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Home > Law & Legal Topics > Environmental Law

» Environmental Law:
Environmental law is the branch of law related to the impact various events have on the natural or human environment.

Environmental law draws from various sources. This includes federal and state statutes, court cases, and administrative rulings.

The National Environmental Policy Act or NEPA was one of the first major environmental laws. NEPA provides procedural safeguards for all proposals of federal agencies. NEPA requires a detailed statement of environmental impact for proposals for legislation and other major federal actions significantly affecting the quality of the environment. NEPA also states a national policy to "encourage productive and enjoyable harmony between man and his environment." Thus, NEPA is only a procedural law in that it does not provide any rights remedies for environmental issues.

The Endangered Species Act or ESA is another environmental law. The ESA is the prototypical resource conservation legislation. The ESA seeks to protect species and their habitats as well as vegetation and general biodiversity.

The Clean Air Act or CAA is another environmental law. The CAA regulates pollution. It does this by establishing two pollution control strategies. The first is the National Ambient Air Quality Standards or NAAQS. NAAQS establish what the acceptable level for safety is going to be. The second is the State Implementation Plans or SIPs. Under the SIPs framework, the states are responsible for developing and implementing a plan to achieve the NAAQS in their respective geographic boundaries.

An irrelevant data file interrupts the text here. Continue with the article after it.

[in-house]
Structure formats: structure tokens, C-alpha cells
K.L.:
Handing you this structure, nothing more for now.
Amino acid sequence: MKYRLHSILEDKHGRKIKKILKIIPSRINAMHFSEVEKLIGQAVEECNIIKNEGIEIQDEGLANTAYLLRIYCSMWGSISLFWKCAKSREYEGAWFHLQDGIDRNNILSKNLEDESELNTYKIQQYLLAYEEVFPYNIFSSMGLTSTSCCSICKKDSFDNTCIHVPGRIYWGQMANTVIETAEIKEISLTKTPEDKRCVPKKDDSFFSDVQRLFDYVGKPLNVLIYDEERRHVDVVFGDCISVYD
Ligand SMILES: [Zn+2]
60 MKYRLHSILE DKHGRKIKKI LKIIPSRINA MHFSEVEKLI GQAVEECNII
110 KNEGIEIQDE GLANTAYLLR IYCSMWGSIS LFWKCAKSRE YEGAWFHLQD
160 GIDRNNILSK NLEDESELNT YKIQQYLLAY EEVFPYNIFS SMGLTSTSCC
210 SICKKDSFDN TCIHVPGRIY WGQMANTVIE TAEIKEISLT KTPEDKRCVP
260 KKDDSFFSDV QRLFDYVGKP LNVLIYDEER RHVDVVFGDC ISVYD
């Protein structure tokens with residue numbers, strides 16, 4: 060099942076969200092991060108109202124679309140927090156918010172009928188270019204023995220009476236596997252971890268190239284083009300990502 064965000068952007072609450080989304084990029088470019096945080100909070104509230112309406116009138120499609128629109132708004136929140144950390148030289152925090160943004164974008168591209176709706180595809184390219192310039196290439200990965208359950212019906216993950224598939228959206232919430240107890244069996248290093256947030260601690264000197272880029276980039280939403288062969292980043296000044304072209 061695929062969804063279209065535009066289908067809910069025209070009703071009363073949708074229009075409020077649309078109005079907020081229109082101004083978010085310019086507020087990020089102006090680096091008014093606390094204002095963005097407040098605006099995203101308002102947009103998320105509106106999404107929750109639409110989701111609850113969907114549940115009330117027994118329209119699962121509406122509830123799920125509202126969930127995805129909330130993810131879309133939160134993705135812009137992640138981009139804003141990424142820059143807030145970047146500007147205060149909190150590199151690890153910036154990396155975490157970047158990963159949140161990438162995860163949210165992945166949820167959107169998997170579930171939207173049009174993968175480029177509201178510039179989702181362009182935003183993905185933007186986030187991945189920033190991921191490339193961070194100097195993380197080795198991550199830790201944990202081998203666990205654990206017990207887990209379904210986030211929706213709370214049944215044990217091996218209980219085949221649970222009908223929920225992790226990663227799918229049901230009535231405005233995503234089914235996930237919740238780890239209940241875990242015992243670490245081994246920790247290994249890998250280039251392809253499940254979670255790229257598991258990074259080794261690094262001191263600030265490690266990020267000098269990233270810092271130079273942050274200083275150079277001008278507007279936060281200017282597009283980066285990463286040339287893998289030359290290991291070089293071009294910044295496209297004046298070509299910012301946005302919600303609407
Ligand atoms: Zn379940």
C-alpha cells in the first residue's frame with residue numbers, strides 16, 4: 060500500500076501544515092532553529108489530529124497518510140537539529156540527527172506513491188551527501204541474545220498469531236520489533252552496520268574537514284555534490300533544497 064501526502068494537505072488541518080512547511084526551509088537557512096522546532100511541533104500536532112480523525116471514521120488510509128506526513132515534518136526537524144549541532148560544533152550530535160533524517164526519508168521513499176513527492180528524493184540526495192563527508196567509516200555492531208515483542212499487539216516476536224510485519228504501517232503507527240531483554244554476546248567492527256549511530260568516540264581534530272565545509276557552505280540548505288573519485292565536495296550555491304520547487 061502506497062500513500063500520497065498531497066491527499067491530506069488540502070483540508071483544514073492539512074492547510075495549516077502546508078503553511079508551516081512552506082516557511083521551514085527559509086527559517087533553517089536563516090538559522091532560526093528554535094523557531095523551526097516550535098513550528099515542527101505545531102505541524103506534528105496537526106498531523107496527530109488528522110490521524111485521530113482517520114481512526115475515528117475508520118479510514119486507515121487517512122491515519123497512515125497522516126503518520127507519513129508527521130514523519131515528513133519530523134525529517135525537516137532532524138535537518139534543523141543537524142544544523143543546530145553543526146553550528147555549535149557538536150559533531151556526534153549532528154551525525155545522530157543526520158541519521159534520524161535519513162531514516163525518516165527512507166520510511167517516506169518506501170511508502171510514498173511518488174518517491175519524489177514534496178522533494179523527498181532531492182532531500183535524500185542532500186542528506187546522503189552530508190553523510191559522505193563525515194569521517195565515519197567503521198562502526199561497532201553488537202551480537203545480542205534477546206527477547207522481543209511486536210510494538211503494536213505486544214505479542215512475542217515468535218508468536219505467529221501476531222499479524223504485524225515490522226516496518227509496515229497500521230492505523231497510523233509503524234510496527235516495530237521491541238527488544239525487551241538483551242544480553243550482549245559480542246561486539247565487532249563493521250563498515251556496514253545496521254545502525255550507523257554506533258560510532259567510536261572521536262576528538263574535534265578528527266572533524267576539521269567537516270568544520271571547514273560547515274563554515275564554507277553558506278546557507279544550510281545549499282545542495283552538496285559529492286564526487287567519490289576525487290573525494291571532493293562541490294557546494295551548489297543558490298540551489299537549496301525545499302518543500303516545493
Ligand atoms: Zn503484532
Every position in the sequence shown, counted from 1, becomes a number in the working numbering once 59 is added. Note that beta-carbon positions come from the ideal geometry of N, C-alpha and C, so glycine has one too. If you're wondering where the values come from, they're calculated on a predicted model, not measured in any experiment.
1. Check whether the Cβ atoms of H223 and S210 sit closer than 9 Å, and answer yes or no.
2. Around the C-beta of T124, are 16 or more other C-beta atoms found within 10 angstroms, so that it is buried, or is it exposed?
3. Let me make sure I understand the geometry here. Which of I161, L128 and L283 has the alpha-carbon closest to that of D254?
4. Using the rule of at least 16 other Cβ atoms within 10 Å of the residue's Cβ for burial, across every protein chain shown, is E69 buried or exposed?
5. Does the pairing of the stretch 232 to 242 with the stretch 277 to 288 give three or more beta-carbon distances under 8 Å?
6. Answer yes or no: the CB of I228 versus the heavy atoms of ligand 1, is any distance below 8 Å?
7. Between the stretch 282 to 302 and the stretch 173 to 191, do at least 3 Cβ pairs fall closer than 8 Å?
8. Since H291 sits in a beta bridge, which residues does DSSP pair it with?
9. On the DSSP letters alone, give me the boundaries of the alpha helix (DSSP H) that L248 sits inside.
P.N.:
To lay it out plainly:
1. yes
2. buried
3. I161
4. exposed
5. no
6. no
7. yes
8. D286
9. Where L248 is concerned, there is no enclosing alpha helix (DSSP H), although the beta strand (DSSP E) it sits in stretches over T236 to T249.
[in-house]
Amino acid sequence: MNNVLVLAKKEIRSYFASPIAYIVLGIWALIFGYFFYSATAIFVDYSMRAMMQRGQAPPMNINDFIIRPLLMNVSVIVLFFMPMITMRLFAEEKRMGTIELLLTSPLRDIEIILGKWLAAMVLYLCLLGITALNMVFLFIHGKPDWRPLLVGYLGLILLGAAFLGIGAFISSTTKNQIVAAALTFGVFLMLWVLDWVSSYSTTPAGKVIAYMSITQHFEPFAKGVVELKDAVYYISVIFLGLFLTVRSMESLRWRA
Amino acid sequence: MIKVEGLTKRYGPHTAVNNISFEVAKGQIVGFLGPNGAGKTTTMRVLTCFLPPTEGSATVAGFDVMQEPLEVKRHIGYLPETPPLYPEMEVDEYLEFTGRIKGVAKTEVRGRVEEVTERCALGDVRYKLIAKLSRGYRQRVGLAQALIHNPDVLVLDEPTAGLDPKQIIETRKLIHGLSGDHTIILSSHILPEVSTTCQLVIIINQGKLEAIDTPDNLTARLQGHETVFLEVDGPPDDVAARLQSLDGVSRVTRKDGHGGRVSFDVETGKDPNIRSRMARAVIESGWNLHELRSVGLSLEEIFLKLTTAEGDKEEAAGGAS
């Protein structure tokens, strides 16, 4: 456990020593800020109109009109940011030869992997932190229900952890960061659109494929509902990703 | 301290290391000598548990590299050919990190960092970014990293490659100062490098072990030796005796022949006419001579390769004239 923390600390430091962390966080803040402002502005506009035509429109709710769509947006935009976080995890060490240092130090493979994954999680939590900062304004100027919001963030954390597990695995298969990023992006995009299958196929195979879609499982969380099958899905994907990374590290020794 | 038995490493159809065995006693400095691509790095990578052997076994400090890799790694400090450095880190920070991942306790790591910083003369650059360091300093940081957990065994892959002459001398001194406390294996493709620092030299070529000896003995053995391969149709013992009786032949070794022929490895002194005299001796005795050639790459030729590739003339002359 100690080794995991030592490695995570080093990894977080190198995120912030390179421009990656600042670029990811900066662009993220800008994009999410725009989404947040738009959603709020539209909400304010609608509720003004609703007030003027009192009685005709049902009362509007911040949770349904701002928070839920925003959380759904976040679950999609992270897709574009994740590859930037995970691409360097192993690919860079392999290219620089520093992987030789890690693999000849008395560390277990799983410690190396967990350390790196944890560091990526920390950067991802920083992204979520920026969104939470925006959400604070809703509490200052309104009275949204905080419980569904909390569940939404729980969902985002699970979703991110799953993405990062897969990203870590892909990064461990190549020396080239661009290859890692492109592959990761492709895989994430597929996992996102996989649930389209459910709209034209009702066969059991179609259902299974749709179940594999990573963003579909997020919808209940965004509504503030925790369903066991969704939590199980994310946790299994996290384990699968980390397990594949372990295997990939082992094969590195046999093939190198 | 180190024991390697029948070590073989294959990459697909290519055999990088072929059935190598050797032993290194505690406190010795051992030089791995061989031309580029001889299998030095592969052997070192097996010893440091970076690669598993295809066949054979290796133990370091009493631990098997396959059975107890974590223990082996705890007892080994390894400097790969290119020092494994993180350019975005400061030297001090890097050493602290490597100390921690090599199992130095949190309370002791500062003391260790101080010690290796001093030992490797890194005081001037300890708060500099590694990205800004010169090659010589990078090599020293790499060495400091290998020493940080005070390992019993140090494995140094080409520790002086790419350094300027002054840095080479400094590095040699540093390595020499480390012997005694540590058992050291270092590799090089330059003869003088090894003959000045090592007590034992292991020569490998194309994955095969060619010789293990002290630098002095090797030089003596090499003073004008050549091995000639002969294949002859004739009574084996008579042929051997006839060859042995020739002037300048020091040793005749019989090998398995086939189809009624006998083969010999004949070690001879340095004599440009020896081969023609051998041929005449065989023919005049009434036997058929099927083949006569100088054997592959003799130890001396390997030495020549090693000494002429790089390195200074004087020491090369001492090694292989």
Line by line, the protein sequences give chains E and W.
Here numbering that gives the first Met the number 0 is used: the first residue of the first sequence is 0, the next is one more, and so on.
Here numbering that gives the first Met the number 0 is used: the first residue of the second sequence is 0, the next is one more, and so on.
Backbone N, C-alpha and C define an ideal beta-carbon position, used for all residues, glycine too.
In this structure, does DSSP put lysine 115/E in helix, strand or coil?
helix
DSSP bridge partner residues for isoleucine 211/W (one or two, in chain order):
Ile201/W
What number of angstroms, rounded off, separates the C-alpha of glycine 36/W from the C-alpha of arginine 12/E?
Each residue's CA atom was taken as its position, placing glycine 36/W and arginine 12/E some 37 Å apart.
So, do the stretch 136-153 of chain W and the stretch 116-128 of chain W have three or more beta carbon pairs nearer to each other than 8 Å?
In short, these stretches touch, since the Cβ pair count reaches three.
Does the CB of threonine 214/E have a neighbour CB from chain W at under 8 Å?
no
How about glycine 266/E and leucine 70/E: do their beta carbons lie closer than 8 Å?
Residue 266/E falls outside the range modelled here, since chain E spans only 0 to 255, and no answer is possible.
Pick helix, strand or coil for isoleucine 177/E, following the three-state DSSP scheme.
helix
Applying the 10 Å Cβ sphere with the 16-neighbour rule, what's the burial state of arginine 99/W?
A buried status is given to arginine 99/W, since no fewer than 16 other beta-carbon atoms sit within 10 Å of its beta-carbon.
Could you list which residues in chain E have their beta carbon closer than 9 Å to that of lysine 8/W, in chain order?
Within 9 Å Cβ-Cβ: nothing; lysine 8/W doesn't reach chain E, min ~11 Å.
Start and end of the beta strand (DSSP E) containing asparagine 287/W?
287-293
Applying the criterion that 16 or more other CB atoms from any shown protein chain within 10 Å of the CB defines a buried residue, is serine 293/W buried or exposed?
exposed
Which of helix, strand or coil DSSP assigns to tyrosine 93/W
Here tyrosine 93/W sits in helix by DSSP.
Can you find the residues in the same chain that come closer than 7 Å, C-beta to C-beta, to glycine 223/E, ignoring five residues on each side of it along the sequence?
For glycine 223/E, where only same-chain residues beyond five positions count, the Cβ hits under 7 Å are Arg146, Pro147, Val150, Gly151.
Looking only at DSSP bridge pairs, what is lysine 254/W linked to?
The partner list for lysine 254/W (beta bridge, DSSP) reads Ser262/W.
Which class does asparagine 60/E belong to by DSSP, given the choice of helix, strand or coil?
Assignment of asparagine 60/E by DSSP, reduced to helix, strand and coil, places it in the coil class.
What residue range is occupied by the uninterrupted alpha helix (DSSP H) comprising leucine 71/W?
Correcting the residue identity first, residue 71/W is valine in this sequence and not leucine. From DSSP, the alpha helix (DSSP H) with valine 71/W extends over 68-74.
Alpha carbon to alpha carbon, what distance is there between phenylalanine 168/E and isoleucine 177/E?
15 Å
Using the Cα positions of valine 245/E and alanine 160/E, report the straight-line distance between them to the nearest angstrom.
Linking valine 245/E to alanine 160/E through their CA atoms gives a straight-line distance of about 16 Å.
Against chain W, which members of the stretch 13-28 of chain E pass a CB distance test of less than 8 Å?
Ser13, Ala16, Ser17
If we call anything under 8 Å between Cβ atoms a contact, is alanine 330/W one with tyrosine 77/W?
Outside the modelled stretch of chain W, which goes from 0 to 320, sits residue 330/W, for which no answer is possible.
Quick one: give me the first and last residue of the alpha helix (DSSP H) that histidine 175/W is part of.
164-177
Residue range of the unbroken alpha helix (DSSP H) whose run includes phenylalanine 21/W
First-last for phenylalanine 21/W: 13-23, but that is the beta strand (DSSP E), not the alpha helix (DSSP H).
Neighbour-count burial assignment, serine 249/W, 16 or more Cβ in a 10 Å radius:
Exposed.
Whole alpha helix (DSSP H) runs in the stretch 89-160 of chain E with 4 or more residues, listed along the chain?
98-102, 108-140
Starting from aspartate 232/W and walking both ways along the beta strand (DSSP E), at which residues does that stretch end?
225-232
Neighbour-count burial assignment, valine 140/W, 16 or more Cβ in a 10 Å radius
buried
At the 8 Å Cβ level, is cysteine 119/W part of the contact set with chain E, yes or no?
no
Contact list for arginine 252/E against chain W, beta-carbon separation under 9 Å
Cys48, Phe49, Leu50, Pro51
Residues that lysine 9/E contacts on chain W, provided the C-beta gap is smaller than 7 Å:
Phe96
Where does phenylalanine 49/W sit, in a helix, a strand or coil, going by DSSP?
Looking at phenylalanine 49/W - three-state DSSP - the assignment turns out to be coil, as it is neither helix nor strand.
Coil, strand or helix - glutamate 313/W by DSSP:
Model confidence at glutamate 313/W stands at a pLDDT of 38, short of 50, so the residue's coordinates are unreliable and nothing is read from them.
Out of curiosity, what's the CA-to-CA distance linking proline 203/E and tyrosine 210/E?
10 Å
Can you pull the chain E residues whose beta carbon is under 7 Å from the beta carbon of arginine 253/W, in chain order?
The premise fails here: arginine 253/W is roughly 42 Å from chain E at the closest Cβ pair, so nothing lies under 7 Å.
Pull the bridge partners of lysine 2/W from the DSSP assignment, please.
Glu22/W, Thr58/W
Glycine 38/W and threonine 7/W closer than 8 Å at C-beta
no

The Clean Water Act or CWA is another environmental law. Like the CAA, the CWA implements a complex regulatory scheme. The goal of the CWA is to eliminate all pollution discharges into U.S. waters. This is implemented using a permitting system.

These statutes are enforced by state and federal governments and private citizens. State agencies are primary responsible for CWA and CAA monitoring and regulation. The actual enforcement responsibility depends on whether the violation is brought under state or federal law. Federal agencies focus on creating, approving, and enforcing the framework that the States will use. The local government and police are not usually active participants in the regulatory enforcement process.

Almost all environmental laws include citizen suit provisions. These provisions allow private citizens to commence or continue suits to enforce environmental laws.

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